The Pakistani counterpart to Xinjiang is Balochistan, inhabited by a little over 6 million people. There have been at least three different separatist factions/movements in Balochistan fighting Islamabad and what they call “Punjabis” with a vengeance. Former provincial minister Jaffar Khan Mandokhel, for instance, is already warning there will be a “strong reaction” across Balochistan to changes in the corridor’s routes, which, he says, “are meant to give maximum benefit to Punjab, which is already considered the privileged province.” Islamabad denies any changes.
The corridor is also bound to bypass most of the key, northwestern province of Khyber Pakhtunkhwa. Opposition political star Imran Khan – whose party is on top in Khyber – has already condemned it as an injustice.
Beijing, for its part, has been very explicit to Islamabad; the Pakistani Taliban must be defeated, or at least appeased. That explains why since June 2014 the Pakistani army has been involved in a huge aerial bombing campaign – Zarb-e Azb – againt the Haqqani network and other hardcore tribals. The Pakistani army has already set up a special division to take care of the corridor, including nine battalions and the proverbial paramilitary forces. None of this though is a guarantee of success.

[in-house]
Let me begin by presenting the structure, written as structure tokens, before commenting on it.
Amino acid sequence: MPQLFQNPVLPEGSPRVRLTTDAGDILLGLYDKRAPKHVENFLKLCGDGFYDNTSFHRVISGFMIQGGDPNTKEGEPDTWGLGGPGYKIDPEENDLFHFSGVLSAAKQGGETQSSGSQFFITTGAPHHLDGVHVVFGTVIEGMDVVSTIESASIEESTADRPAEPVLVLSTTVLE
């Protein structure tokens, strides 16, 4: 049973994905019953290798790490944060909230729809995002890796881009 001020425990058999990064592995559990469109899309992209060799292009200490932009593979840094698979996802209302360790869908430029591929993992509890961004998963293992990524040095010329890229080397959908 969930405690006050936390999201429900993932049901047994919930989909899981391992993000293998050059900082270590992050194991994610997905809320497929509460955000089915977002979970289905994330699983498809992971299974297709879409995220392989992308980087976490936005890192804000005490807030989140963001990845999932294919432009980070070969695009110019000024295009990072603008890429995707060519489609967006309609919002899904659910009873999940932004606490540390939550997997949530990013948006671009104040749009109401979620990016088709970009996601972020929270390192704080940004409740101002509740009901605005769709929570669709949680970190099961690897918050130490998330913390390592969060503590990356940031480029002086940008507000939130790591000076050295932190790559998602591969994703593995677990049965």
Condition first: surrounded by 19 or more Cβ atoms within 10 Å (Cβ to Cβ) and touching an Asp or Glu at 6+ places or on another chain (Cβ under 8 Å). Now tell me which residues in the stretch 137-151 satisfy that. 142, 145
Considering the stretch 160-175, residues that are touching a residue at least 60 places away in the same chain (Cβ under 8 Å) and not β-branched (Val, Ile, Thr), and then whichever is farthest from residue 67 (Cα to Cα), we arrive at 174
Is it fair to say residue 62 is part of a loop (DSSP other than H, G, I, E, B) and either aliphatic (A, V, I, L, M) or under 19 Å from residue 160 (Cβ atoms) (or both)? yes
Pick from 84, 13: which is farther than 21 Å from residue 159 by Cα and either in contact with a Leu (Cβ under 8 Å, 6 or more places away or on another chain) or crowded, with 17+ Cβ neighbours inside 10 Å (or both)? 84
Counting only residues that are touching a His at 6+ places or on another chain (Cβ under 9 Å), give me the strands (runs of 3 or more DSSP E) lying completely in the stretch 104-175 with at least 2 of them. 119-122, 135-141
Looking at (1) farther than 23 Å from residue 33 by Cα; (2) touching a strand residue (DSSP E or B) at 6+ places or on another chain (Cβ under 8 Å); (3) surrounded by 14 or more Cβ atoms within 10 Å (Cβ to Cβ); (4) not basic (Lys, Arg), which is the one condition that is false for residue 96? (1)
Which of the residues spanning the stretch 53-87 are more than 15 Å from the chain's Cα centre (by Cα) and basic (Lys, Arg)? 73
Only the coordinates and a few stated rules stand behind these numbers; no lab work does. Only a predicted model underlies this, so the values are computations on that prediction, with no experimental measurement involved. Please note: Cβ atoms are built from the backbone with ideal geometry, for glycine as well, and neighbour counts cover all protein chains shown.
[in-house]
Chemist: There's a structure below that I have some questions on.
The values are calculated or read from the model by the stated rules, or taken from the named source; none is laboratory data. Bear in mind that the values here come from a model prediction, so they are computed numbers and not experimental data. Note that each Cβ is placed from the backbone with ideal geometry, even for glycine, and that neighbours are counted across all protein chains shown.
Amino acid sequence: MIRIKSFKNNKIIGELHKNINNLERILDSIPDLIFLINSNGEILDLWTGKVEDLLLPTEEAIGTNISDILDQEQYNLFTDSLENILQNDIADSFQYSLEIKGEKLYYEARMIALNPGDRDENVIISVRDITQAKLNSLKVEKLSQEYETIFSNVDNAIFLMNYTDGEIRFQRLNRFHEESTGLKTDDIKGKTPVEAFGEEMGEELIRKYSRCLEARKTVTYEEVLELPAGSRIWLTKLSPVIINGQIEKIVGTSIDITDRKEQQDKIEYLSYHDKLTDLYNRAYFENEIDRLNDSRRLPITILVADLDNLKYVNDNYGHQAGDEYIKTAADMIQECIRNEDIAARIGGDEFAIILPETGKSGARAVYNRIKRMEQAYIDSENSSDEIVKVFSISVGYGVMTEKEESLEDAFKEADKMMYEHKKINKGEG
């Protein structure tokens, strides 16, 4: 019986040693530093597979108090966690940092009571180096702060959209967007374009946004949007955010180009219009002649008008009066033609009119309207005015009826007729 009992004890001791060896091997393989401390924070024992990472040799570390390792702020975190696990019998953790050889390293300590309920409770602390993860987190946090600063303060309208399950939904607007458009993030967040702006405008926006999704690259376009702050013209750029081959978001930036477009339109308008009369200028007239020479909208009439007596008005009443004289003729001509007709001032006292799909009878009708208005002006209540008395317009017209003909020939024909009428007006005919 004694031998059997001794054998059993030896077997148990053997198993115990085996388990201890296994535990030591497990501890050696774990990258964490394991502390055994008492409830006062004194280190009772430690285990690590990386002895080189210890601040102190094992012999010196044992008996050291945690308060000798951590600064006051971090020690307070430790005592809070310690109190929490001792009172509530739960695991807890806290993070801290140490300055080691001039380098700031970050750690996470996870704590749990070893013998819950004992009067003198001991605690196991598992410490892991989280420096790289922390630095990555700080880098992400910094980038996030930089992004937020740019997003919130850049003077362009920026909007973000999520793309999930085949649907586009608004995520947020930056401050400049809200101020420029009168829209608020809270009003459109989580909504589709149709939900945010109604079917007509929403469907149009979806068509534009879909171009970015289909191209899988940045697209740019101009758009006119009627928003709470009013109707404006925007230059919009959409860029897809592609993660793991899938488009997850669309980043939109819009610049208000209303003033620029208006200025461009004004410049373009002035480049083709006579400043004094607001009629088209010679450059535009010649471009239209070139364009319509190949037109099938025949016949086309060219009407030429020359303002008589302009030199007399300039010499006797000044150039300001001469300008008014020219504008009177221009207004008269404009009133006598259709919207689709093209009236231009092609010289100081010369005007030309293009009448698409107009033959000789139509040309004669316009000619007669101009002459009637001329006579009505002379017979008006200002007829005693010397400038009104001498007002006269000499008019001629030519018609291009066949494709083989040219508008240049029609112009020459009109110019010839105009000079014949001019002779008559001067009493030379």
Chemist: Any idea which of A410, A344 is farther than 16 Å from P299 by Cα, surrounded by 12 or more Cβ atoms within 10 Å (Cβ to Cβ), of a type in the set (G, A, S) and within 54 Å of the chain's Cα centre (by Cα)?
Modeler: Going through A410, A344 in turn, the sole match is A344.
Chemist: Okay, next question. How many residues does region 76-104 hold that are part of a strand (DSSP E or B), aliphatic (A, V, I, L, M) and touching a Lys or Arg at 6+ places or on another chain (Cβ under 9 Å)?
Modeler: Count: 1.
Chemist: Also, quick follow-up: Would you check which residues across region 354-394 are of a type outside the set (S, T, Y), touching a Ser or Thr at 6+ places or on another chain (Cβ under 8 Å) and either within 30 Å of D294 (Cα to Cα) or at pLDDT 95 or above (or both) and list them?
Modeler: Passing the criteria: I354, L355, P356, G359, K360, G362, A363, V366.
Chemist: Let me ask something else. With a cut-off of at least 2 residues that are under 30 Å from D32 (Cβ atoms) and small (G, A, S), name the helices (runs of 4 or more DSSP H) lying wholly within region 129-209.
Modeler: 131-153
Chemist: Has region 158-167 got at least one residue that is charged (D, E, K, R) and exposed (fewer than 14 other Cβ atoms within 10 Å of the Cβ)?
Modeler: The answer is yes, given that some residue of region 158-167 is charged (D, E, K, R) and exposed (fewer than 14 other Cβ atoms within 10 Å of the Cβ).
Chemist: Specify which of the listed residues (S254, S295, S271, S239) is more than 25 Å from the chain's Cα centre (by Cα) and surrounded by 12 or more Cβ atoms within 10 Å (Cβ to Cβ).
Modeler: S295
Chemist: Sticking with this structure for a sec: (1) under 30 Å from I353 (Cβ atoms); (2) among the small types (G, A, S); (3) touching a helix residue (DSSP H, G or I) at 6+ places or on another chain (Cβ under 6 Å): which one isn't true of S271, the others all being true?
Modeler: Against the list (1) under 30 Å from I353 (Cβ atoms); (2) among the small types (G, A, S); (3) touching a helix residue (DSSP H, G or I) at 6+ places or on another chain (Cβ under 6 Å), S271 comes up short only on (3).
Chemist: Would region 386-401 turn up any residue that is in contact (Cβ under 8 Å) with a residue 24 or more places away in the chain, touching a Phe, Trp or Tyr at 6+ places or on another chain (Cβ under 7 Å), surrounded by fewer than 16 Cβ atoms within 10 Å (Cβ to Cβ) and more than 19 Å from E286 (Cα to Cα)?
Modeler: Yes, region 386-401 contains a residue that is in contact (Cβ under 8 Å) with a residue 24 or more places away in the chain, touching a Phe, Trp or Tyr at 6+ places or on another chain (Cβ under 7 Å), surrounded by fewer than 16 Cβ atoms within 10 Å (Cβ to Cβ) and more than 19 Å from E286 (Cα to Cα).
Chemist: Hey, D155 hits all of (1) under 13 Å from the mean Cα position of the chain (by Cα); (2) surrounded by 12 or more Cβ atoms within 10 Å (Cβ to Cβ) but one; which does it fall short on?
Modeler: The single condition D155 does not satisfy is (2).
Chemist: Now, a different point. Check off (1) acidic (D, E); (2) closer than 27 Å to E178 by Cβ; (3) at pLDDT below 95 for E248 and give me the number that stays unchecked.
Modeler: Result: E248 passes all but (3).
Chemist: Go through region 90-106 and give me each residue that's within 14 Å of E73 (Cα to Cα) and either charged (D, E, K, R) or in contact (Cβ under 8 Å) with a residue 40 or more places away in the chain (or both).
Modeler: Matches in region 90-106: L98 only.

Karakoram or bust
It will be absolutely fascinating to watch how China and Pakistan, simultaneously, may be able to keep the peace in both Xinjiang and Balochistan to assure booming trade along the corridor. Geographicaly though, this all makes perfect sense.
Xinjiang is closer to the Arabian Sea than Shanghai. Shanghai is twice more distant from Urumqi than Karachi. So no wonder Beijing thinks of Pakistan as a sort of Hong Kong West, as I examined in some detail here.
This is also a microcosm of East and South Asia integration, and even Greater Asia integration, if we include China, Iran, Afghanistan, and even Myanmar.
The spectacular Karakoram highway, from Kashgar to Islamabad, a feat of engineering completed by the Chinese working alongside the Pakistan Army Corps of engineers, will be upgraded, and extended all the way to Gwadar. A railway will also be built. And in the near future, yet another key Pipelineistan stretch.